Interview: Molly Crabapple - Illustrator Extraordinaire - Talks PUPPET MAKERS


Molly Crabapple is an amazing talent. Known for her sexy Victorian influenced illustrations, her artwork has appeared in The New York Times, The Wall Street Journal and Marvel Comics. She is an award-winning artist, author and the founder of Dr. Sketchy's Anti-Art School, a world-wide movement of alternative drawing salons in over 100 cities. Puppet Makers is Crabapple's latest work with John Leavitt, a delightful sendup of noble society in the time of Louis XIV. In this steampunk version, there are robots to do all the heavy lifting of the endless meeting and greeting. With Puppet Makers launching this week as a webcomic at Zuda Comics, GeekWeek got a chance to check in on the lovely Ms. Crabapple. 

GeekWeek: Molly, you have dazzled many with your quirky and sexy Victorian art as well as your sketching workshops. Then, last year, you teamed up with John Leavitt for your first graphic novel, Scarlett Takes Manhattan. What might you tell us about how it all began for you as an artist and what's helped you to persevere? I'm sure it's been quite a journey.

Molly Crabapple: I've been drawing since I was 4 years old. My mother is an illustrator, so I never had the idea that so many people do, that art isn't something you can make a living with. Me and Leavitt have been tight collaborators since college, where we even did an anti-FIT student newspaper. We dropped out on the same day. Persevering has been easy for me because there was never another option besides being an artist. It was this or dying in the gutter. I'm basically unemployable, and it's very lucky that I can draw.

GW: Talk to us about how you got involved with Zuda.

MC: When Zuda was first launching, about three years ago, they got in touch with me to do a comic. While we didn't end up working together, I didn't want to discard the characters me and Leavitt had first pitched them. Over the next few years, we did a webcomic on Act-i-vate and created Scarlett Takes Manhattan. Then, during Comic-Con '09, Kwanza asked us to be involved in Zuda again. Since we always have several varieties of insanity brewing, we leapt at the chance.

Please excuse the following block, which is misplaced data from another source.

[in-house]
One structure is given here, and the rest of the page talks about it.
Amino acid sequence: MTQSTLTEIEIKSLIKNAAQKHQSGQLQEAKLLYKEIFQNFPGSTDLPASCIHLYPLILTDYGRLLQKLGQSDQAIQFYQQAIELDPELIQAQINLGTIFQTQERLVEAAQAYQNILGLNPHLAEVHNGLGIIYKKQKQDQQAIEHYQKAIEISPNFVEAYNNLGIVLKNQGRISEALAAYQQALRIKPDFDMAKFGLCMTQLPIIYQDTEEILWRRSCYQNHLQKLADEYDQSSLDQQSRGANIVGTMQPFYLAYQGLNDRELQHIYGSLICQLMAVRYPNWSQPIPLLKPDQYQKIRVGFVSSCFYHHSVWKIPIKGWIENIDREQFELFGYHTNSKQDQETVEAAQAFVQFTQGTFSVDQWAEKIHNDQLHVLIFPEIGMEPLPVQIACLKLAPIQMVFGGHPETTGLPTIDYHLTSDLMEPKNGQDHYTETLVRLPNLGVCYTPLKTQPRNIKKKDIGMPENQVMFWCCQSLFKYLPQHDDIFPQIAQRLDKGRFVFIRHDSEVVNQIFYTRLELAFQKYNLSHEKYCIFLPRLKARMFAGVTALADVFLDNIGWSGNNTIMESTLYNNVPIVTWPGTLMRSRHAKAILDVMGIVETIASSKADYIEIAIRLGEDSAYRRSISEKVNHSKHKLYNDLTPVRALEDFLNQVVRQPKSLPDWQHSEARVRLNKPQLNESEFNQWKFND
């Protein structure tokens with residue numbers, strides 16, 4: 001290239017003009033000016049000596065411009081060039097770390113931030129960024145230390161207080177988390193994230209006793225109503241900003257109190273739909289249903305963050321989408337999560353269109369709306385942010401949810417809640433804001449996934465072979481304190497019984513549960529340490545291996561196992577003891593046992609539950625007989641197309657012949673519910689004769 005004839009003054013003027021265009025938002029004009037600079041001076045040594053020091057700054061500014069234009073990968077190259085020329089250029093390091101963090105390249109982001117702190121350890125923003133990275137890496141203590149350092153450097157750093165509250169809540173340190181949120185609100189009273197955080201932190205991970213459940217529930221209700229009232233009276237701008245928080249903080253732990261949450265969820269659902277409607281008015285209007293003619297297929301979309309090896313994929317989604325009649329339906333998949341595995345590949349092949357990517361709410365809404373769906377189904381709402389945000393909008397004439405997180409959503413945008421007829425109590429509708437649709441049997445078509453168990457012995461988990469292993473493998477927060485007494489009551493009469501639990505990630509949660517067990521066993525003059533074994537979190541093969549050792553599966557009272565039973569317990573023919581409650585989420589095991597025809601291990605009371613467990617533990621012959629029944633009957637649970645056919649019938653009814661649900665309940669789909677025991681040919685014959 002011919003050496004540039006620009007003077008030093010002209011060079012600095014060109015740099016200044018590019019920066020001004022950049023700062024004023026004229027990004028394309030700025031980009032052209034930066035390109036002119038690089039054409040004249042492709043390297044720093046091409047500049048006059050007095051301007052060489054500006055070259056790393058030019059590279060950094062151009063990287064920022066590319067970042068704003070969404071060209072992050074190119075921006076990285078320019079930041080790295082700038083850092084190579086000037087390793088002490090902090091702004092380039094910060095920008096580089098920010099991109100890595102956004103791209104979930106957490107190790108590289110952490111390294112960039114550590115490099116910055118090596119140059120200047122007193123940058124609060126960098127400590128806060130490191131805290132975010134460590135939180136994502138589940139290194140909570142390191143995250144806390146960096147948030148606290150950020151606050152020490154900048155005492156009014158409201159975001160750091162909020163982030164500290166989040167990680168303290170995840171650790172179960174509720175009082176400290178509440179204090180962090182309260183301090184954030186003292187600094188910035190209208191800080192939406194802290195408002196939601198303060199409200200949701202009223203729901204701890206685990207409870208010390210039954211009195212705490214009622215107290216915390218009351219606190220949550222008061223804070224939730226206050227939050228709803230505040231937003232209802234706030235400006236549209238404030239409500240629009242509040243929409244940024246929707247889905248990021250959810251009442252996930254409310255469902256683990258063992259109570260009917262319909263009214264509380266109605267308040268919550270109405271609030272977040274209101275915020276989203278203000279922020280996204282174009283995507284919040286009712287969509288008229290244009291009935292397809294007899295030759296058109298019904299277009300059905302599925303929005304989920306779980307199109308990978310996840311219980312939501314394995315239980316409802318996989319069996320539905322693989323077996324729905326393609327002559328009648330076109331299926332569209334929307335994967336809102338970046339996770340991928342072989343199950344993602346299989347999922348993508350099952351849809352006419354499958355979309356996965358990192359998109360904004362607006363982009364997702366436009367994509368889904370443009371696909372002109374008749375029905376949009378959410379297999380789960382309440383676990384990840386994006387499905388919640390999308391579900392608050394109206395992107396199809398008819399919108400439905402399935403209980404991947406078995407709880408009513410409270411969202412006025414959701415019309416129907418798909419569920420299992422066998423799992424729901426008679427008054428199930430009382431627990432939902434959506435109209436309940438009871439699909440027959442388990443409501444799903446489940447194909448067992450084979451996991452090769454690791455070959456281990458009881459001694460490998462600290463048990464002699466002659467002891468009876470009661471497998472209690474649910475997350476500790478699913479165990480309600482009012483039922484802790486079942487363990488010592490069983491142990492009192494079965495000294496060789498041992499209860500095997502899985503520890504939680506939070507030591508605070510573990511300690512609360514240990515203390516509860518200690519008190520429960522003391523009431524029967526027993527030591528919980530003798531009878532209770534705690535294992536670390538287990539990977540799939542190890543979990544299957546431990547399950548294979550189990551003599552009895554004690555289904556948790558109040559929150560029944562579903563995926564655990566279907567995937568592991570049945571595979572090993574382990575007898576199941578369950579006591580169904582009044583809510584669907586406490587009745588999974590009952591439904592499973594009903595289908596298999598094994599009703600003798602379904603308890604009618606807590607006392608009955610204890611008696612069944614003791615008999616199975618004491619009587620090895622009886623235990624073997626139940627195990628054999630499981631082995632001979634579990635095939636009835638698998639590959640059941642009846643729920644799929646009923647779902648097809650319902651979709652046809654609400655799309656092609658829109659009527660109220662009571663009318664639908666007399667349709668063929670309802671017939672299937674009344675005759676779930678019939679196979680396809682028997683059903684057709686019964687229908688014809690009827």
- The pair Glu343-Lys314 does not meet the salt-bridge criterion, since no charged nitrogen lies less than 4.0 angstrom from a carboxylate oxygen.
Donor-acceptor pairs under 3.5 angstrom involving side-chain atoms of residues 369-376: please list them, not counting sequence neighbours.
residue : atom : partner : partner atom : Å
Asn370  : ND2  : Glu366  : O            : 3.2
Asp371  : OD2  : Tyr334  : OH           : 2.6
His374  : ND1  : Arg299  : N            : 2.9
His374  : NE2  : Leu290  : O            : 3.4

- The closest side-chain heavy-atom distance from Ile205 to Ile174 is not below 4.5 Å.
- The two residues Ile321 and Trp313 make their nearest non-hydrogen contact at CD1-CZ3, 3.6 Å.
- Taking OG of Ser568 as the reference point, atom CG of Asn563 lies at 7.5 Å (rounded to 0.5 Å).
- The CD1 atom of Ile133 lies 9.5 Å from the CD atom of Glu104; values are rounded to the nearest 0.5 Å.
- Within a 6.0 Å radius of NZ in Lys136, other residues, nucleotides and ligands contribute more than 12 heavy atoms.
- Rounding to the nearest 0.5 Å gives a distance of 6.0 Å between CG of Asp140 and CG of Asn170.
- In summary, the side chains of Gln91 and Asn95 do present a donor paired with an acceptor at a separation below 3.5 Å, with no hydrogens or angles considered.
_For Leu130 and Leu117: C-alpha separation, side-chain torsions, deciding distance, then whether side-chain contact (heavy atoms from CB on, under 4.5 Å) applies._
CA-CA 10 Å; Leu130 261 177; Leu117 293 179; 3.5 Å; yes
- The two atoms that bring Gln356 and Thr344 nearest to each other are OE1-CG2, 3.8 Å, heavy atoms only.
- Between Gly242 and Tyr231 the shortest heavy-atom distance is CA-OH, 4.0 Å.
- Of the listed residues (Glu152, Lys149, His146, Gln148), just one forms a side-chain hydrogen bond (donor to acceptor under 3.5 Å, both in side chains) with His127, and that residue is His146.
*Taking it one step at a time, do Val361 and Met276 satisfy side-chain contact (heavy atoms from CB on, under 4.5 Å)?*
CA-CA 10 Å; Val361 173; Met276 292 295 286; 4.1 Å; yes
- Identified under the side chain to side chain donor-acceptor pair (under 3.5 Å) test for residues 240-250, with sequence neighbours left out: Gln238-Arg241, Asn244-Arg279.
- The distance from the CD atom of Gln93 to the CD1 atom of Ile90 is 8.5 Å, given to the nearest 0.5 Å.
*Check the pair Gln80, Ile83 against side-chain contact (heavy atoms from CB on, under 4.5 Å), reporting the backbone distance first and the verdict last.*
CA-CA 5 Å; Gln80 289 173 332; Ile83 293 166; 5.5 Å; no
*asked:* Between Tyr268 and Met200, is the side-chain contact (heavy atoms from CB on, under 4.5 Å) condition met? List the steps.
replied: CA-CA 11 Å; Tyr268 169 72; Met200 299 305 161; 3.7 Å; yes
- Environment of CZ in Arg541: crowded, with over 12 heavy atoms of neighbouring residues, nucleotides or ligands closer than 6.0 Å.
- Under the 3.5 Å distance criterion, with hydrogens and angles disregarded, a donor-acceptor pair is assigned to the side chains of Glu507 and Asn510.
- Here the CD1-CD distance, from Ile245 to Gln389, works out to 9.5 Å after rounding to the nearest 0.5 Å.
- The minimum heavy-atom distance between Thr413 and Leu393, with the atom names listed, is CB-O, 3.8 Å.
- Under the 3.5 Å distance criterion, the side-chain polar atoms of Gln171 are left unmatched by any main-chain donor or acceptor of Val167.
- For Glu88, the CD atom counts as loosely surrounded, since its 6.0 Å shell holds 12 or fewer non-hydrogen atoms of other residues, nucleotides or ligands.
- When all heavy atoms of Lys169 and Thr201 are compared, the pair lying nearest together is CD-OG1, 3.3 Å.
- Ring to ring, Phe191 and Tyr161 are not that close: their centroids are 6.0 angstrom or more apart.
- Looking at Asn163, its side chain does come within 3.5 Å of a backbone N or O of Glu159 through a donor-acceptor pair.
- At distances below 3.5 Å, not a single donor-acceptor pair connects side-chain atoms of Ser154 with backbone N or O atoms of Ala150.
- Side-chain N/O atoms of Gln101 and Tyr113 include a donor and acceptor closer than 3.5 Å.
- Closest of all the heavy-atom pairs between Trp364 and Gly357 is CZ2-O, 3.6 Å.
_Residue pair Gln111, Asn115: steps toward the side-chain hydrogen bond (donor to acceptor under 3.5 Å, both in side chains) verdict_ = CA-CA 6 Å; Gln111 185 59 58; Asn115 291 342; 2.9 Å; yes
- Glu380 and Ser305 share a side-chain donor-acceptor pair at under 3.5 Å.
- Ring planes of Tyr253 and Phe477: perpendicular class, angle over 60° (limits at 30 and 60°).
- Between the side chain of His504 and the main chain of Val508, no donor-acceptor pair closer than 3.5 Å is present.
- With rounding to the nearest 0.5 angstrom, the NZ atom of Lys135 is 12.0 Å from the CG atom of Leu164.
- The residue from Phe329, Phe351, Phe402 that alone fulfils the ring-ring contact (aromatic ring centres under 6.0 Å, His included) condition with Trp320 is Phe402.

GW: Puppet Makers begins in 1678, in Versailles, the court of Louis XIV. Tell us about the "Sun King," the decadence of the time and your steampunk take on it.

MC: One of my pet peeves about steampunk, as a genre, is it largely doesn't acknowledge the fucked up things technology can do to a society. I like pretty cogs as much as the next girl, but with Puppet Makers, me and John were more interested in exploring the horrifying things machines could do to a country that's not ready for them.

When Louis XIV became boy-king of France, he inherited a deeply fractious society. Nobles would hole up on their fortified chateaus, with their armies of peasants, ready to topple any king who displeased them. Louis wanted to unite the nobility under his banner, but he knew he couldn't just take them out directly. Instead he created Versailles. Suddenly, it became de rigour to ditch your ancestral home and squander your money on whist and parties, all while desperately jockeying for status. Louis XIV's Versailles did tame the nobility, but it ultimately created the isolation that led to the French revolution.

GW: Will we see a Puppet Makers graphic novel in the future?

MC: I hope so. Pester DC Comics--it's up to them.

GW: Any other thoughts? Any other plans ahead?

MC: Me and John are pretty much borg-brain joined as collaborators, so you'll definitely be seeing more work from us in the future. As for myself, in June, I'm launching a new line of fancy-schmancy t-shirts I designed for Dirtee Hollywood at Atrium. I'm especially excited because I get to take over their windows. I'll be in Amsterdam in late June for the Urban Arts Fair, and probably in Sao Paulo in August. And me and long-time collaborator, Kim Boekbinder, are doing an animated music video for her song, The Organ Donor's March. So busy. Always so busy.

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